An Overview on a Knee Cartilage Injury
Cartilage is the connective tissue that covers the ends of the bones at a joint throughout the body to provide a smooth bearing surface. Healthy cartilage allows the bones to move and glide over each other with minimal friction and with no pain. Articular cartilage is very important for the preservation and normal function of the joints. In the knee, cartilage is responsible for providing a smooth protective layer covering the femur, tibia and the patella undersurface, as well as serving as a shock absorber for the knee. When a knee cartilage injury occurs, such as torn cartilage in the knee, it is important to schedule an orthopedic consultation to examine the extent of injury. Dr. Brian Waterman specializes in treating knee cartilage injuries and disorders.
Cartilage does not have its own blood supply so it does not have the natural ability to heal itself after damage from a sports injury, work injury or a traumatic event. If left untreated, a knee cartilage injury can cause deterioration in the joint leading to osteoarthritis and other degenerative disorders.
A knee cartilage injury can occur through trauma, overuse, sports injuries and age related degeneration. An injury can range from softening of the cartilage to torn cartilage in the knee showing the underlying bone. “Loose bodies” can also occur within the knee joint. This term refers to the cartilage that has been separated from the bone and now floats within the joint, often causing mechanical symptoms such as locking and catching.
Symptoms of a Knee Cartilage Injury
The most common complaint from patients suffering from a knee cartilage injury is a constant, dull ache and swelling with activity. With more severe injuries, catching or locking of the joint with motion may occur due to a piece of broken cartilage that is lodged in the joint.
Diagnosis of a Knee Cartilage Injury
The symptoms of knee cartilage injuries may overlap with other injuries to the joint. In order to reach a diagnosis, Dr. Waterman will conduct a thorough physical examination, compare the injured knee to the other knee and conduct numerous tests to rule out other possible knee injuries. X-rays and an MRI may also be ordered to confirm the diagnosis.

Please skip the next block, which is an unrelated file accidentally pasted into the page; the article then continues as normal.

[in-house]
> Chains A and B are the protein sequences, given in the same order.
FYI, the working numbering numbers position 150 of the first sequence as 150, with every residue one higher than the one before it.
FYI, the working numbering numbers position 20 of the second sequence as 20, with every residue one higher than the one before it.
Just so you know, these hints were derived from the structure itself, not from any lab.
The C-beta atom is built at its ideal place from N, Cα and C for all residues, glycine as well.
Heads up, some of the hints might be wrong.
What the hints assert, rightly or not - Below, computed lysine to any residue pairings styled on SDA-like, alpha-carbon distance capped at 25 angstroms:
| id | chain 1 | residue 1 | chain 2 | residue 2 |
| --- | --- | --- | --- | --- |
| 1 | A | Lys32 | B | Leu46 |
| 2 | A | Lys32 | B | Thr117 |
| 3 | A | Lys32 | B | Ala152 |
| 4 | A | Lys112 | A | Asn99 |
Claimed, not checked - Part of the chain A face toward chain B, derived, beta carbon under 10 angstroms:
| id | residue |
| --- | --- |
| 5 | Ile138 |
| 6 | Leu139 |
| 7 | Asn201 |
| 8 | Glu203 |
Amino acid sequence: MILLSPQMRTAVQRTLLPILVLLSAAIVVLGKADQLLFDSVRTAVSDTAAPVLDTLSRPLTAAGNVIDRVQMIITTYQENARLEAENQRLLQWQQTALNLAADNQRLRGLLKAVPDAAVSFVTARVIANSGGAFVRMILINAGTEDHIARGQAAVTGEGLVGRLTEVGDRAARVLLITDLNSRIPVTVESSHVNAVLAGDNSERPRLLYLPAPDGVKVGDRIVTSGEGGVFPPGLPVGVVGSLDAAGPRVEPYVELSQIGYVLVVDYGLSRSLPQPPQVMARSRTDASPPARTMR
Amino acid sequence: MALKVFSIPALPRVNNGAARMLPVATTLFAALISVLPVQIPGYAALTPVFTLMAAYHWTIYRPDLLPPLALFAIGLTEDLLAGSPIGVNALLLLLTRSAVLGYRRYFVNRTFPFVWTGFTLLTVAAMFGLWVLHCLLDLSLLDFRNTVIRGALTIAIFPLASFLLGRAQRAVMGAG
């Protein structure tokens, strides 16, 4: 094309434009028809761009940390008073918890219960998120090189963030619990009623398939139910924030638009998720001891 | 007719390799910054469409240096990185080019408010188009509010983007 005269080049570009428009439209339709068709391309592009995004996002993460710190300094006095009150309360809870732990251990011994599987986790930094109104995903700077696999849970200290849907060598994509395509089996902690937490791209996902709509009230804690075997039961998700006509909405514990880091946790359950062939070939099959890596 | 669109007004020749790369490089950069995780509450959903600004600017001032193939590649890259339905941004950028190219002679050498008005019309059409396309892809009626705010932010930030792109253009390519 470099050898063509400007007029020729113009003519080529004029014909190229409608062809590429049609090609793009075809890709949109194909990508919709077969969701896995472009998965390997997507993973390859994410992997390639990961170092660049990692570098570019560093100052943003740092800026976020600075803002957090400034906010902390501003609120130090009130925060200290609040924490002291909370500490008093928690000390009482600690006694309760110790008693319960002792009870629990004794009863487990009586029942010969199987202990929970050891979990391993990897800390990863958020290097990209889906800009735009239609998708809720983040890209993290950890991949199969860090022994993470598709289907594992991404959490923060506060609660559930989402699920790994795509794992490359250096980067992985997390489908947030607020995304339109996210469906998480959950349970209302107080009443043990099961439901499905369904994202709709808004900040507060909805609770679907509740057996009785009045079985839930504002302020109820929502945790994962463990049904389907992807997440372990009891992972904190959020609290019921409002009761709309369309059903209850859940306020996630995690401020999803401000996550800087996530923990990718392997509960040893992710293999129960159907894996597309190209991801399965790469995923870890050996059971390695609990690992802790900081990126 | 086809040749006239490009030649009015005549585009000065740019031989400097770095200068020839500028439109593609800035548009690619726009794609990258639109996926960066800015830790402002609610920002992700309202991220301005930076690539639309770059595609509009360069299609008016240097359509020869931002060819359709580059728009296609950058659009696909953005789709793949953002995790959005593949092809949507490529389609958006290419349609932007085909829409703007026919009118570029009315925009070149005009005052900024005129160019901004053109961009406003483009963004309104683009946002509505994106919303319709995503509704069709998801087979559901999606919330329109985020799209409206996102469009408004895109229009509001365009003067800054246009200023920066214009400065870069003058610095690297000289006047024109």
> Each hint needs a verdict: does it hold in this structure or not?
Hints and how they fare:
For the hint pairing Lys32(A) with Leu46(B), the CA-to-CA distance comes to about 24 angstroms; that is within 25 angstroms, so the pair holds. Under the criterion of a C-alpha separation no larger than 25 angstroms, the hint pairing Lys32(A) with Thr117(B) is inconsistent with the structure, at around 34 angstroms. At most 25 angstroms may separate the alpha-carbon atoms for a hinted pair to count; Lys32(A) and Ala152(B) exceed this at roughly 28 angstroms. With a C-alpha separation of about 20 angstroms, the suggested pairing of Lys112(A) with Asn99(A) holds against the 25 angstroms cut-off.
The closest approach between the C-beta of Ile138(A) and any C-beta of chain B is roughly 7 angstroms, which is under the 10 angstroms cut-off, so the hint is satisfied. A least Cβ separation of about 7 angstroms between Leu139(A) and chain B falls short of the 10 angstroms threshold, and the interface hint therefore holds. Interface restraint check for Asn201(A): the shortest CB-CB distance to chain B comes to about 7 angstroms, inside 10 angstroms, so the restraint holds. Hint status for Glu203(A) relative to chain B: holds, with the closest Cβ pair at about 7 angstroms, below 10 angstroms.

Treatment of a Knee Cartilage Injury
Once a knee cartilage injury has been diagnosed, Dr. Waterman will explain the injury and treatment options. Treatment recommendations are based on the location of the injury, the size and depth of the damage as well as any additional pathology such as ligament injury.
A knee cartilage injury is often treated without surgery. Rest, ice, compression and elevation of the knee will assist with the healing process. Dr.Waterman may also recommend a physical therapy recovery program and anti-inflammatory medications to build up strength and mobility and decrease inflammation. Often times injections of cortisone or other biologic agents may help to decrease swelling and improve pain and function.
If a non-surgical approach is not beneficial or if the injury is too severe, Dr.Waterman may recommend surgery. Surgery depends on lesion size, injury severity, patient age and activity level of the patient. There are numerous knee surgery options Dr.Waterman can utilize, many with an arthroscopic approach. The most commonly performed procedures are debridement and Microfracture.
- Debridement (shaving): Special arthroscopic instruments are used to smooth the shredded or frayed cartilage. Ideally, this treatment will decrease friction and irritation, reducing the symptoms of swelling and pain.
- Partial Menisectomy: If the meniscus is torn, it may cause pain, catching or other mechanical symptoms. Using special arthroscopic instruments, a portion of the torn meniscus may be repaired or removed to eliminate symptoms.
- Microfracture (marrow stimulation): A surgical technique used to treat damaged areas of articular cartilage in the knee. Small holes are prepared in the bone to allow for blood flow egress to stimulate healing and neocartilage formation
- Allograft transfer: A technique used to replace the damaged areas with a cartilage-bone unit that is procured from a donor. This is usually reserved for large areas of cartilage damage and can be ideal in situations where the underlying bone is damaged.
- Autologous Chondrocyte Implantation (ACI): A technique used to repair defects to the articular cartilage. The procedure involves removing a small piece of cartilage and sending to a laboratory where additional cartilage cells are fostered from the sample. After a waiting period, the new cartilage cells are implanted into the knee by injecting the cartilage cells into the defect. These cells eventually grow into new, healthy cartilage.